The National Institute for Health and Clinical Excellence (NICE) has issued new draft guidance in which it does not recommend Pfizer's tyrosine kinase inhibitor ((TKI) Xalkori (crizotinib) for use in previously treated anaplastic-lymphoma-kinase-(ALK) positive advanced non-small-cell lung cancer (NSCLC), but has opened a public consultation on this preliminary decision.

NICE chief executive Sir Andrew Dillon points out that the Institute has already recommended a number of treatments for the various stages of NSCLC, and that the independent committee which considered the evidence for Xalkori had concluded that the drug is a clinically-effective treatment for ALK-positive NSCLC. However, even if NICE's supplementary advice to the committee for life-extending treatments had been applied, it could not be considered a cost-effective use of NHS resources, he says.

While NICE appraisal committees normally recommend treatments costing around £20,000-$30,000 per quality-adjusted life year (QALY) or less, a higher cost per QALY may be accepted if the drug meets the criteria to be considered under this supplementary advice. There is no set threshold cost per QALY for drugs that meet the end-of-life criteria but, since the supplementary advice was introduced, the highest cost per QALY of a recommended drug has been around £50,000.

However the committee concluded that the most plausible cost per QALY for Xalkori when compared with docetaxel would lie somewhere between £63,000 and £181,000, and that, when compared with best supportive care, it would be between £51,700 and £80,000.

Pfizer has expressed disappointment at NICE's preliminary rejection of Xalkori in this indication. The drug has a conditional licence for use in patients with previously-treated ALK-positive advanced NSCLC, it says, pointing out that this is the only therapy approved specifically for this subset of NSCLC cases and that it signals one of the most recent advances in personalised therapy in lung cancer.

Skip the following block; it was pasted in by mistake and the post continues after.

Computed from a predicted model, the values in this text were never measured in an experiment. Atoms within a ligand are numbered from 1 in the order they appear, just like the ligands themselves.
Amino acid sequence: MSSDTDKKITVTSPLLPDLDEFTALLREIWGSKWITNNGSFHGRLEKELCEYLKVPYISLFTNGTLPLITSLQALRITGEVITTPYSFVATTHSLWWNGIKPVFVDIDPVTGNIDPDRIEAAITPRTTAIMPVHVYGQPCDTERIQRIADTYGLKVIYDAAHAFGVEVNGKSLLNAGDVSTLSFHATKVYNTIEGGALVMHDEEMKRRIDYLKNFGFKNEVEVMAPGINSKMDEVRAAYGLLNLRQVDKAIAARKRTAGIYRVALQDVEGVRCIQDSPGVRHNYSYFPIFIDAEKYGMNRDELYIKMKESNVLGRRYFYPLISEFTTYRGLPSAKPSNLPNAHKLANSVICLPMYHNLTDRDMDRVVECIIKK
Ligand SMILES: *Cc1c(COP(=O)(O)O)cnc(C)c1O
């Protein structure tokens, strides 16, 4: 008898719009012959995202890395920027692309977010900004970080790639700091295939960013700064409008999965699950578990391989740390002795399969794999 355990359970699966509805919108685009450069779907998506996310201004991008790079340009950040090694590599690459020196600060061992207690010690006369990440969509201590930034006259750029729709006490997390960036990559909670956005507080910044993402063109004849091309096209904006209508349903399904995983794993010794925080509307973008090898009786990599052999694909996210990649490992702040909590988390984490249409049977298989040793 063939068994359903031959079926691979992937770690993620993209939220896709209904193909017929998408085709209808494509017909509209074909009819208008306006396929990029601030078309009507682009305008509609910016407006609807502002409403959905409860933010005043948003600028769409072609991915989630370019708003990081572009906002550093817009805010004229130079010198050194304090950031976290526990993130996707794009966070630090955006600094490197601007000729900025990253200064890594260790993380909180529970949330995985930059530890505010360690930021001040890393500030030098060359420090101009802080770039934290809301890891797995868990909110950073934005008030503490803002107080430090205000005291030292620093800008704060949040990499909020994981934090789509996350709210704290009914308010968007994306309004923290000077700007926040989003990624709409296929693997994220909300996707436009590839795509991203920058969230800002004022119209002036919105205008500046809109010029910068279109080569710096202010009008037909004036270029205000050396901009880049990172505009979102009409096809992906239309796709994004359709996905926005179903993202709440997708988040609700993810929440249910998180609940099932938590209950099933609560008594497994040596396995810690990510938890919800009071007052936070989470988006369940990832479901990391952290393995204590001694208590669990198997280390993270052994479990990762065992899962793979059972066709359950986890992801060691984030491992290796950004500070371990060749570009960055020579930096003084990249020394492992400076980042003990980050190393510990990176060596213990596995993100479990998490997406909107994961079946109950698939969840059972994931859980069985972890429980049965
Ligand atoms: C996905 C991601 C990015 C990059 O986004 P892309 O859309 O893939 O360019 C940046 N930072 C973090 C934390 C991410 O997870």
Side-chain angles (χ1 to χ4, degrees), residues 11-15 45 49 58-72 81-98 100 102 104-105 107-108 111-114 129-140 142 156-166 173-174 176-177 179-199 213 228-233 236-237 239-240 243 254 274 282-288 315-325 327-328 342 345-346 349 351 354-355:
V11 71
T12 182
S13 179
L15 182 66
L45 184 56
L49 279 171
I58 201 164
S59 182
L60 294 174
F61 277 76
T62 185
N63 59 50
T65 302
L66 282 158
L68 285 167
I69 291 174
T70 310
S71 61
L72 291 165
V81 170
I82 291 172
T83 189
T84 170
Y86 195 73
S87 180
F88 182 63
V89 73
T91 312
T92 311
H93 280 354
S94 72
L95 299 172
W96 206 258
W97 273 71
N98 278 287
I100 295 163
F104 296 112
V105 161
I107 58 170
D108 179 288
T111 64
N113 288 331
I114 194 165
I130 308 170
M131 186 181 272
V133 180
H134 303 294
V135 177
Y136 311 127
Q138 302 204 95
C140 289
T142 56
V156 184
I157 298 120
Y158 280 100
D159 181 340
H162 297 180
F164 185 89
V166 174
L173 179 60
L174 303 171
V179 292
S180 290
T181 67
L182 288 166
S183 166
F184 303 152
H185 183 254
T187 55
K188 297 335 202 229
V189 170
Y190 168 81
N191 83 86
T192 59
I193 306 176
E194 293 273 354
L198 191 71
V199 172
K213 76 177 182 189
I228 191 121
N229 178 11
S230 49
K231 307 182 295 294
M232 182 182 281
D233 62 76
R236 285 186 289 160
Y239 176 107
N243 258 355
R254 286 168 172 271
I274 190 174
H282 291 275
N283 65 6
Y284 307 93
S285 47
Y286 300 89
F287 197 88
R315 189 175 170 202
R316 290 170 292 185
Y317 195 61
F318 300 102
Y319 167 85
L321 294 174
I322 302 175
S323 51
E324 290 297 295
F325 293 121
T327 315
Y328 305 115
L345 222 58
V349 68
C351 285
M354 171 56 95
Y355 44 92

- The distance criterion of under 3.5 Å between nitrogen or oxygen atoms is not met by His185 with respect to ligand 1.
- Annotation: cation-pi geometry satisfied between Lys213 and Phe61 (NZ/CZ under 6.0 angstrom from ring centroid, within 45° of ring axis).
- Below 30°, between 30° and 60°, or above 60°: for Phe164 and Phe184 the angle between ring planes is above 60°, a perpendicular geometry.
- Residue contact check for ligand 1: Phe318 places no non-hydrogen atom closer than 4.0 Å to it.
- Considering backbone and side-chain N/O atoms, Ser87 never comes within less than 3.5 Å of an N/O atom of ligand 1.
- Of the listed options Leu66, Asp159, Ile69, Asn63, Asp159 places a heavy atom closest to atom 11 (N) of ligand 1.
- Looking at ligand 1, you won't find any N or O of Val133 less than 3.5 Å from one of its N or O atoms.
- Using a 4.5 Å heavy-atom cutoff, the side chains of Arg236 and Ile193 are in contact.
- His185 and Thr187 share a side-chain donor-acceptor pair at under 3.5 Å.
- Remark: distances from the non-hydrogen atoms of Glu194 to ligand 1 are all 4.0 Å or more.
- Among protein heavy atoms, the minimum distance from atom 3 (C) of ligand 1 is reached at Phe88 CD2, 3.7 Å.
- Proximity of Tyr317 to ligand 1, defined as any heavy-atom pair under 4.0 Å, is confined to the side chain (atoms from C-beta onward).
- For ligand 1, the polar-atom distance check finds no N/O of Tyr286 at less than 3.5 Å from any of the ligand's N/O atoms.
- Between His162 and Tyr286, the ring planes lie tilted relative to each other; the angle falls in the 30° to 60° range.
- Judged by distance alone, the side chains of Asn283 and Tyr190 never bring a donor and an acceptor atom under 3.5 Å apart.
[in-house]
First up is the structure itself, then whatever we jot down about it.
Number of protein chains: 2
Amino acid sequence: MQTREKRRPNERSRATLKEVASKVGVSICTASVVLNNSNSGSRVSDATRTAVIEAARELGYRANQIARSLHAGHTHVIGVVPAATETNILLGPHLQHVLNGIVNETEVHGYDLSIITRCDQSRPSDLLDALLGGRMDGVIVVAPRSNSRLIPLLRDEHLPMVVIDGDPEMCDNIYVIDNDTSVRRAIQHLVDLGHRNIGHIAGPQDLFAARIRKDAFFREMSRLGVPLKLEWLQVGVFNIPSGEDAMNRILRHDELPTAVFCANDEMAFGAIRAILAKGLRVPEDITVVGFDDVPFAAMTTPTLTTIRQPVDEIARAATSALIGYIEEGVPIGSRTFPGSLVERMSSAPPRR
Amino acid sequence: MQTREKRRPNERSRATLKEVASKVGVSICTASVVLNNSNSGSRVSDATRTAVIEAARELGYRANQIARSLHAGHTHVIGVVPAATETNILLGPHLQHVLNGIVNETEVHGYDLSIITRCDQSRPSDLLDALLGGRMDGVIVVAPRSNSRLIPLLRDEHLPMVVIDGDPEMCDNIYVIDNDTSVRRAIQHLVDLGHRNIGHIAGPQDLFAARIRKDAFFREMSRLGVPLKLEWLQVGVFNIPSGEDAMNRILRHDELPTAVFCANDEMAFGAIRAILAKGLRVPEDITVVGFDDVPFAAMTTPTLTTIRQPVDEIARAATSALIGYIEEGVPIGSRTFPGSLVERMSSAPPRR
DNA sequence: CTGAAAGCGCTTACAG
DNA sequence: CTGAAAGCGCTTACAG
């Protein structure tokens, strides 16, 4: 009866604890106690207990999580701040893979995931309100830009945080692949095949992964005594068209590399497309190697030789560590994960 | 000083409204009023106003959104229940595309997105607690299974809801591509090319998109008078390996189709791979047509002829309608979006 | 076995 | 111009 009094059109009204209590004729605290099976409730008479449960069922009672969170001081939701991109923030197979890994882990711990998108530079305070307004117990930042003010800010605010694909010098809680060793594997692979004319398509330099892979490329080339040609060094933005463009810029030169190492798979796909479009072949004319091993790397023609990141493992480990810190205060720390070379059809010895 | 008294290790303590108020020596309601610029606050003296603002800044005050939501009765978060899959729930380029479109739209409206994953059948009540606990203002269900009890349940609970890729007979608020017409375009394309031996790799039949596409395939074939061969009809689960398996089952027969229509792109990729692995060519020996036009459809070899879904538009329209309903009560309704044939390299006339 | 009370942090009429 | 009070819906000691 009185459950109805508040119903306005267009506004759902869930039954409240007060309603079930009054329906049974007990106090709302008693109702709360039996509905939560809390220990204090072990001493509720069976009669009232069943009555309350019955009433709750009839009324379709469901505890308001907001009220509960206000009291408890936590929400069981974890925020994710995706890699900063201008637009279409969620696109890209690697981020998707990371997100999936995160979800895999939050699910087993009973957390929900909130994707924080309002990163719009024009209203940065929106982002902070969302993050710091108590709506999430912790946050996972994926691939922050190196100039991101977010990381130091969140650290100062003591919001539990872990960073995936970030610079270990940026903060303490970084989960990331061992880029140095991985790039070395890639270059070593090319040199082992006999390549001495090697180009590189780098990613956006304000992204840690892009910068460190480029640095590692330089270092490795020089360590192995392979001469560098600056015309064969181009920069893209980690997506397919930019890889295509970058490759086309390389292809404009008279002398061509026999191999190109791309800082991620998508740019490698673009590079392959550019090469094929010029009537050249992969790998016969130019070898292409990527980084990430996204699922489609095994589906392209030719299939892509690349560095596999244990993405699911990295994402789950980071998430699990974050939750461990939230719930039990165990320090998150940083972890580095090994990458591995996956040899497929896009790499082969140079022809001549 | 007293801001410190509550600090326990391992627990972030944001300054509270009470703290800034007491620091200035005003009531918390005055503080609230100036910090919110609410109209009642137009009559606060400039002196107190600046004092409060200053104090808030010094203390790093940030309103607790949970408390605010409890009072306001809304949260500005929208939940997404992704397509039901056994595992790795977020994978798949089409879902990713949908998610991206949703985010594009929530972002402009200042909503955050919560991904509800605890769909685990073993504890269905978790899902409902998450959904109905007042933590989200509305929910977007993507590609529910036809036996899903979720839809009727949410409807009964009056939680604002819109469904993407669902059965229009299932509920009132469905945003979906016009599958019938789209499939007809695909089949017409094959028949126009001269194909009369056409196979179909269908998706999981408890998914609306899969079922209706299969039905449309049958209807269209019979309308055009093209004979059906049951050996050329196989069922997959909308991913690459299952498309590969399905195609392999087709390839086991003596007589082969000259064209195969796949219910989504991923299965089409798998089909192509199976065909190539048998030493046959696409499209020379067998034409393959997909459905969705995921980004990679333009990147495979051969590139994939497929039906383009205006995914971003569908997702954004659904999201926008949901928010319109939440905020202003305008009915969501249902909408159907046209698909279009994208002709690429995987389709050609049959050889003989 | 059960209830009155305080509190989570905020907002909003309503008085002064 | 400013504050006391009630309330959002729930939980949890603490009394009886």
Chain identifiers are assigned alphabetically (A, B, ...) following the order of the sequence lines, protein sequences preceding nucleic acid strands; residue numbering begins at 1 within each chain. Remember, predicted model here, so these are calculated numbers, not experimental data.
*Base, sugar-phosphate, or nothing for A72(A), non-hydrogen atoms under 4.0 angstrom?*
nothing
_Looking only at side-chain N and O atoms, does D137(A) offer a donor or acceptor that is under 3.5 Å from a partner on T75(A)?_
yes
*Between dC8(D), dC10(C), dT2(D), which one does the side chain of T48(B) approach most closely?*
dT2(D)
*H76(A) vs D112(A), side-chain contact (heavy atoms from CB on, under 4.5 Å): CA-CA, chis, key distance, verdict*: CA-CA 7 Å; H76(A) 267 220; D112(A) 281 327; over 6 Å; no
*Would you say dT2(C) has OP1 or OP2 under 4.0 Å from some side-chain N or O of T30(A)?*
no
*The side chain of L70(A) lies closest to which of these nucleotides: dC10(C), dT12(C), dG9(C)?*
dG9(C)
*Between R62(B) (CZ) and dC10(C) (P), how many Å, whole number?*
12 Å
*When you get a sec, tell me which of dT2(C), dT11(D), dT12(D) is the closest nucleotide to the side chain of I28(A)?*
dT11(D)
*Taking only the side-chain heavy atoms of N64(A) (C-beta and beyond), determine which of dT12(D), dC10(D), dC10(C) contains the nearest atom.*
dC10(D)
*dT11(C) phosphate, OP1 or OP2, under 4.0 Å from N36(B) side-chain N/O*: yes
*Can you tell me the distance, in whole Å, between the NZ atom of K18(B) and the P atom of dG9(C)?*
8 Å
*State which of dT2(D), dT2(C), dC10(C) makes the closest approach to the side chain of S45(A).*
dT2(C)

"In an aggressive disease like advanced lung cancer, where, for the majority of patients, survival is exceptionally poor and where not all patients can expect to gain much benefit with existing therapies, there is an urgent need for new medicines like crizotinib which target the specific drivers of a patient's tumour," said Dr Michael Peake, clinical lead at the National Cancer Intelligence Network and National Cancer Lead at NHS Cancer Improvement.

"Clinicians recognise that the future of cancer treatment lies in these types of targeted medicines. If this preliminary guidance is upheld, it potentially signals a setback to the advancement of cancer medicine in the UK," he warned.

Dr David Montgomery, medical director at Pfizer Oncology UK, pointed out that personalised medicines are developed specifically for selected subgroups of patients who are most likely to benefit, sparing those in whom they will have no effect.

"We believe this approach is better for patients and offers better value for the NHS, a concept in keeping with NICE's purpose," he said, adding: "we are committed to working through the NICE consultation process to address the uncertainties within this preliminary recommendation."

NICE's Appraisal Consultation Document (ACD) shows that the Institute accepts that Xalkori offered patients a "noteworthy" improvement in progression-free survival and that the number of patients responding to treatment was “very high" for a second-line therapy in this difficult-to-treat cancer, says Pfizer. The firm also points to NICE's acknowledgement that the drug was likely to extend patients' lives, although it was uncertain by how long, and that NICE's conclusion that Xalkori was not cost-effective was due, in part, to uncertainty in estimating the magnitude of overall survival benefit attributed to the drug.

"Like many trials for oncology medicines, the crizotinib trial was designed to give patients in the chemotherapy arm the opportunity to receive crizotinib once their cancer had progressed. This factor makes it difficult to compare the differences in overall survival between the two arms of the trial, because both groups of patients will have received crizotinib. Therefore, obtaining the proof NICE requires for these medicines is very difficult," says Pfizer.

"There remains a great need for either a new approach to account for this ethically important factor of clinical trial design or for changes to the technology assessment process to take this into account," the firm adds.